LOL. In writing the title for this post I accidentally wrote "Ironing Man" instead of "Ironing Mat". It would be awesome if I had made an ironing man to do all of my ironing for me and had a tutorial to share with all of you about how you could make your very own ironing man, but unfortunately I don't. Luckily though the ironing mat I did make is awesome enough to make up for the fact that we still need to do it ourselves.
Now onto why I made an ironing mat:
My sewing room, while spacious, still doesn't have a permanent place for an ironing board. Normally when I sew I pull out the ironing board from the closet and set it up somewhere where I think it will be least offensive, but it ALWAYS ends up in the way, and often gets bumped, and the iron is constantly getting knocked over. Not fun.
While making the friendship quilt I posted about a few days ago I was constantly having to press the seams of all of my half square triangles open, then press my pinwheels open, then press my flying geese open. Needless to say I was getting really frustrated with moving back and forth between my sewing table and the ironing board. I needed a better ironing solution. Thus came my idea to finally make myself an ironing mat.
I've seen the different ironing mats they sell at stores like Joanns and they always look so boring. With all of the awesome fabrics out there who wants an ugly ironing mat? I always have some InsulBright insulated batting on hand for making pot holders, so who's to say I couldn't make my own ironing mat? And who's to say you can't make one too?
To make your own ironing mat you'll need:
100% cotton fabric for ironing mat top and backing
InsulBright insulated batting or any other insulated batting
100% cotton batting
optional cotton scraps to pad batting
My finished mat size is 30"x20", so I started by cutting all of my fabrics to just over that size. Whatever size you decide to make your own mat make sure you leave enough extra fabric to compensate for any shifting that might occur in the quilting process.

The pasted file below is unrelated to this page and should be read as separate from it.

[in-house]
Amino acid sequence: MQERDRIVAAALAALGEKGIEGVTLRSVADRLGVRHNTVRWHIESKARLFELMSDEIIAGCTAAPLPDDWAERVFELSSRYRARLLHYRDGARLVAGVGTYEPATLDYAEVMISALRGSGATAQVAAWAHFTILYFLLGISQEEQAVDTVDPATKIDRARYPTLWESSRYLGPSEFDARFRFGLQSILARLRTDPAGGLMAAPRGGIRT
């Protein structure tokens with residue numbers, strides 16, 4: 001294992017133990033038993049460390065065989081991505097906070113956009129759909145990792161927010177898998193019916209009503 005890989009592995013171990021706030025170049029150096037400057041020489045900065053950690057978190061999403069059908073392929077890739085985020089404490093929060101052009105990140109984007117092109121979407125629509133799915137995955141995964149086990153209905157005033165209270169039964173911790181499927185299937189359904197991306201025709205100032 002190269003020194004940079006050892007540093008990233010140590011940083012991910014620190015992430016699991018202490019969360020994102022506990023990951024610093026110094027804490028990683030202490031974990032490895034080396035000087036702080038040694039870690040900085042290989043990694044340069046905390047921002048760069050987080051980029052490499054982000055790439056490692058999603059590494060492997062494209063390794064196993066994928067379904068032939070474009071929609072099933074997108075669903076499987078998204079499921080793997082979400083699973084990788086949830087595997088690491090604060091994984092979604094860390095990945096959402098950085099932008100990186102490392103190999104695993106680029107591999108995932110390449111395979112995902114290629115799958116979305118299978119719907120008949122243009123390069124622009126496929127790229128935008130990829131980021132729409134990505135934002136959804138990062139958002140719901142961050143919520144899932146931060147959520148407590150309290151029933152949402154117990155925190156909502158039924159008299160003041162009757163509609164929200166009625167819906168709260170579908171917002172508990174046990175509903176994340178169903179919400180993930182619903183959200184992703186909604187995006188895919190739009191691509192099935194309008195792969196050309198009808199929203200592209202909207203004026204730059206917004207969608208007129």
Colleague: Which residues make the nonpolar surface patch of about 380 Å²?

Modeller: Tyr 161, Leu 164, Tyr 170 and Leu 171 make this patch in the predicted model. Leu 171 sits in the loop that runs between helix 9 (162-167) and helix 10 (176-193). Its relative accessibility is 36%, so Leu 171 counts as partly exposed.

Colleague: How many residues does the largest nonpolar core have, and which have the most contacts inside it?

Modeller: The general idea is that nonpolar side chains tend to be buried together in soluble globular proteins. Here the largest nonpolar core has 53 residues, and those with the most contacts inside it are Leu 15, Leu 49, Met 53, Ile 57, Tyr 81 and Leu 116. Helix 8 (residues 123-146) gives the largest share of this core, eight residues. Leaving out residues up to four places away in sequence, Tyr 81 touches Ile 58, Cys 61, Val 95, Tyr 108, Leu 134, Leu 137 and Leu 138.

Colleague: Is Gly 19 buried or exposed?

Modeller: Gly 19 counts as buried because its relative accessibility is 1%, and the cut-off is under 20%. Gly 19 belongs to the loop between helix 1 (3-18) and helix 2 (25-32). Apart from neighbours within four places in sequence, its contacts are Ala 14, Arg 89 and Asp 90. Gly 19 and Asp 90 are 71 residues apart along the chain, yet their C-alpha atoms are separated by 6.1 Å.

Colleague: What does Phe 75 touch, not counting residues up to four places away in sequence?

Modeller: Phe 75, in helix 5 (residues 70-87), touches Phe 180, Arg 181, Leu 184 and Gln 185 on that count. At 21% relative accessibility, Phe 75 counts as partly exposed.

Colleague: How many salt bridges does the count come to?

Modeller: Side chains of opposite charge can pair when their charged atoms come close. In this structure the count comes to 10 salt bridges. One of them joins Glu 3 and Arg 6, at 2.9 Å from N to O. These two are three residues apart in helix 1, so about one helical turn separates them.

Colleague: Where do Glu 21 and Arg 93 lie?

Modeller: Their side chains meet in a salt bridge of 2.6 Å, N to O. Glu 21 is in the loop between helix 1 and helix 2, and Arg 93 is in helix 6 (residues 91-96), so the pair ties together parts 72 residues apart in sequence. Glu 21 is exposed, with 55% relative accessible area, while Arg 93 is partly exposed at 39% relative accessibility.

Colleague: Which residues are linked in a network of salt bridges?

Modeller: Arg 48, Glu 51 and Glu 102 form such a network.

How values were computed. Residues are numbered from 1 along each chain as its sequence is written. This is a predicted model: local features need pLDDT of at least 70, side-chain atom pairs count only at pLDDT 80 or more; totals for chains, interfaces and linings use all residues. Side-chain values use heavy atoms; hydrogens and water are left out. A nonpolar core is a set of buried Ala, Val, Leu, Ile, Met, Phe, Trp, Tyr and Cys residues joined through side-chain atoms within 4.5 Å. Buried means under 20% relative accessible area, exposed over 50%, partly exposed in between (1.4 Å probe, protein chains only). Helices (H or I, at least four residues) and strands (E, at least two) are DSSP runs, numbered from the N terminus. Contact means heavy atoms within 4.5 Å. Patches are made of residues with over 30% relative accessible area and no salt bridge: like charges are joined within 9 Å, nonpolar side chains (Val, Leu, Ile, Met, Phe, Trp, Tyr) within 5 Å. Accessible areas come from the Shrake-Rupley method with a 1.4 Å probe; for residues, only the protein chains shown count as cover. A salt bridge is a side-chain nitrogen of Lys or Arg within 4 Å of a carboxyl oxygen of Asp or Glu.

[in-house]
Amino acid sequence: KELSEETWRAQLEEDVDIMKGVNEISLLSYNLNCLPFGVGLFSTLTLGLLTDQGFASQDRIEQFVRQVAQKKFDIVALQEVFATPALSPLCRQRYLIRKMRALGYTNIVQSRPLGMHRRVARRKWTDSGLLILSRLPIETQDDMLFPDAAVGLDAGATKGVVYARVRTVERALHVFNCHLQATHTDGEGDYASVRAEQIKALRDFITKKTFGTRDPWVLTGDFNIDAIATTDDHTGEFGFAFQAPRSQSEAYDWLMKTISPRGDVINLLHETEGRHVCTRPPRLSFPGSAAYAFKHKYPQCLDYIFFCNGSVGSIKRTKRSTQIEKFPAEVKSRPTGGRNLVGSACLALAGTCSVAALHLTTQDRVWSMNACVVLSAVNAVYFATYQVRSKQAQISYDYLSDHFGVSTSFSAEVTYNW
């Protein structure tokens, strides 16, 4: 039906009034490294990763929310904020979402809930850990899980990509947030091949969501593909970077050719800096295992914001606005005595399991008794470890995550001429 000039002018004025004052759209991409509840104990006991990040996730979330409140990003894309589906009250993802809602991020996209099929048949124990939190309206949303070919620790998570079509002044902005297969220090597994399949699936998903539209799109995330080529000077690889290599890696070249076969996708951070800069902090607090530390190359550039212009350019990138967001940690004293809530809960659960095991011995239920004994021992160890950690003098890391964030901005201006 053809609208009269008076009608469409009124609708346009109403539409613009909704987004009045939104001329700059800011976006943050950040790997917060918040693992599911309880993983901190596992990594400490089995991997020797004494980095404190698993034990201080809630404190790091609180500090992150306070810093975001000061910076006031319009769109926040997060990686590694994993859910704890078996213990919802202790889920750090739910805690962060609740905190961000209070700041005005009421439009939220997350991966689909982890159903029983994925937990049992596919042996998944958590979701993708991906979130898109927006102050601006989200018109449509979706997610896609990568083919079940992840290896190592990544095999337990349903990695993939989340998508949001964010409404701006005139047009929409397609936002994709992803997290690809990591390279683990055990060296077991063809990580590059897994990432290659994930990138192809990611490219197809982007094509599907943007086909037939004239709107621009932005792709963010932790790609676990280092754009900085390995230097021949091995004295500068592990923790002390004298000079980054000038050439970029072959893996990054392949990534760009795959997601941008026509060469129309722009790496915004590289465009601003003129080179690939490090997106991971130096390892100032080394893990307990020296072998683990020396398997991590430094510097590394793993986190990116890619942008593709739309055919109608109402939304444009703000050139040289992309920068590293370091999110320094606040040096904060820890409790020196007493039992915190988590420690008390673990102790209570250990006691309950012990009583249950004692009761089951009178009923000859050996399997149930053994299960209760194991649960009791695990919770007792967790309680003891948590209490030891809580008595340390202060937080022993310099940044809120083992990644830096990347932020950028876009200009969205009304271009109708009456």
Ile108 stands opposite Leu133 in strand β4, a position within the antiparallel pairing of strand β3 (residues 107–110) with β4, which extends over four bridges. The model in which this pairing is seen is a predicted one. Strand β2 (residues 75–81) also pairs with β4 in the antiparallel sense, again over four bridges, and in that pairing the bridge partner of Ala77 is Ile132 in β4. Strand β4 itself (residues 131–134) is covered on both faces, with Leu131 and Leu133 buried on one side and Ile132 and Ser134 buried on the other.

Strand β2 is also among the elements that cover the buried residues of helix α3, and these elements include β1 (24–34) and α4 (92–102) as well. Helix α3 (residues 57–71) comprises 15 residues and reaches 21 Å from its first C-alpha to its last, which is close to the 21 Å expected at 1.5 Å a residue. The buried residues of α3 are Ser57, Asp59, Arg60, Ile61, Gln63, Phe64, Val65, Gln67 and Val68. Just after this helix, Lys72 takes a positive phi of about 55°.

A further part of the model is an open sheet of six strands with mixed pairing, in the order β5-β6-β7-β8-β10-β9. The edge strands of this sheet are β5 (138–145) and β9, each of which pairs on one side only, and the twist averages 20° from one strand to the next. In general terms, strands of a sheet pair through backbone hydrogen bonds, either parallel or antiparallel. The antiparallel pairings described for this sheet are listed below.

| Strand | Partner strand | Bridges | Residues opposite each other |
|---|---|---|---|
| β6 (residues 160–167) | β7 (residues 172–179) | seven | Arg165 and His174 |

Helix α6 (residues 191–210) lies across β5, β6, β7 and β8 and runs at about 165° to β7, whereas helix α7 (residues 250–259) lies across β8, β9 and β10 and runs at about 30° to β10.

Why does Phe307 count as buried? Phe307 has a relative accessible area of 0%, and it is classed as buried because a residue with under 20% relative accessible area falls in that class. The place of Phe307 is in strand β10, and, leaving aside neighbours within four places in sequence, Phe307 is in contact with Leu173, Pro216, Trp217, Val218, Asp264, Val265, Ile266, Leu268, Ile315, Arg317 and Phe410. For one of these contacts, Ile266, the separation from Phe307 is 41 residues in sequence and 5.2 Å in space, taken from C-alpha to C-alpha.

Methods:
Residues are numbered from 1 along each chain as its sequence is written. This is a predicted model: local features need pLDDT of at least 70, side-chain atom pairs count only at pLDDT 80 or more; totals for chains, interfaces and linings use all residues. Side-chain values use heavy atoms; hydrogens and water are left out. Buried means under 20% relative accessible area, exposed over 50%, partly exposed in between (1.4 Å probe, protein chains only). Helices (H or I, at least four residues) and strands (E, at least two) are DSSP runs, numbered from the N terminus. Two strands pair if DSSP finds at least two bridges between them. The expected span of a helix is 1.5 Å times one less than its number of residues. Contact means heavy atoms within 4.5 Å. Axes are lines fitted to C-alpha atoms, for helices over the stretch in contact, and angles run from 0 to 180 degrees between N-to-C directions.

Cutting the fabric and batting pieces.
I then made my quilt sandwich, starting with laying the backing fabric face down on my surface, then adding the optional two layers of cotton muslin, then the cotton batting, then the InsulBright with the shiny side facing up (or whichever side is intended to be the HOT side, according to the insulated batting's directions), then my top fabric facing up.
All the layers sandwiched, with my top layer folded back so you can see the layers.
All the layers folded back so you can see the backing fabric.
I pinned all layers together and did a simple squiggle quilting line with my machine. Straight quilting would have worked, as would have a zig-zag line, but I used the squiggle,
Squiggle quilted at different intervals. I chose to do lines close to each line of flowers on the fabric to accentuate them.
I then straightened all of my edges, and rounded my corners using a rounded corner template. There's a good one here, or you can just use the edge of a plate.
Ironing mat trimmed down with rounded corners.
I then made myself a strip of binding using another cotton fabric and attached it using the method found here.
Binding made and pinned to the mat, ready to be sewn. (You'll notice that this isn't the final binding. I ended up not liking the yellow with polka dots and ended up switching it out for a red with polka dots).
And it's done! Enjoy!
My completed ironing mat.
Having this ironing mat has been so handy in the last few weeks that I've been using it. Not only is it gorgeous (I absolutely love the Denyse Schmidt print I used for the top) but it folds up easily and goes in the drawer of my sewing table so it's right there when I want to use it.
A note about the mat: Using 100% cotton and insulated batting is essential. Synthetic fabrics and batting aren't as resistant to the heat as cotton is, so for a project like an ironing mat you want to avoid them. Adding extra layers of cotton batting or cotton fabrics under the insulated batting help block the heat that makes it through the insulated batting from traveling through your mat to the surface below. And just to be on the safe side, I would not use the ironing mat on any nice wood surface. Since some heat does make it through the mat if the mat is used extensively, using it on a surface that is sensitive to heat (like a wooden dining room table) is probably not the best idea. With that said I've been using it laid on top of my cutting mat as you see in the image above for a few weeks now and the small amount of heat that makes it through has not damaged my mat at all.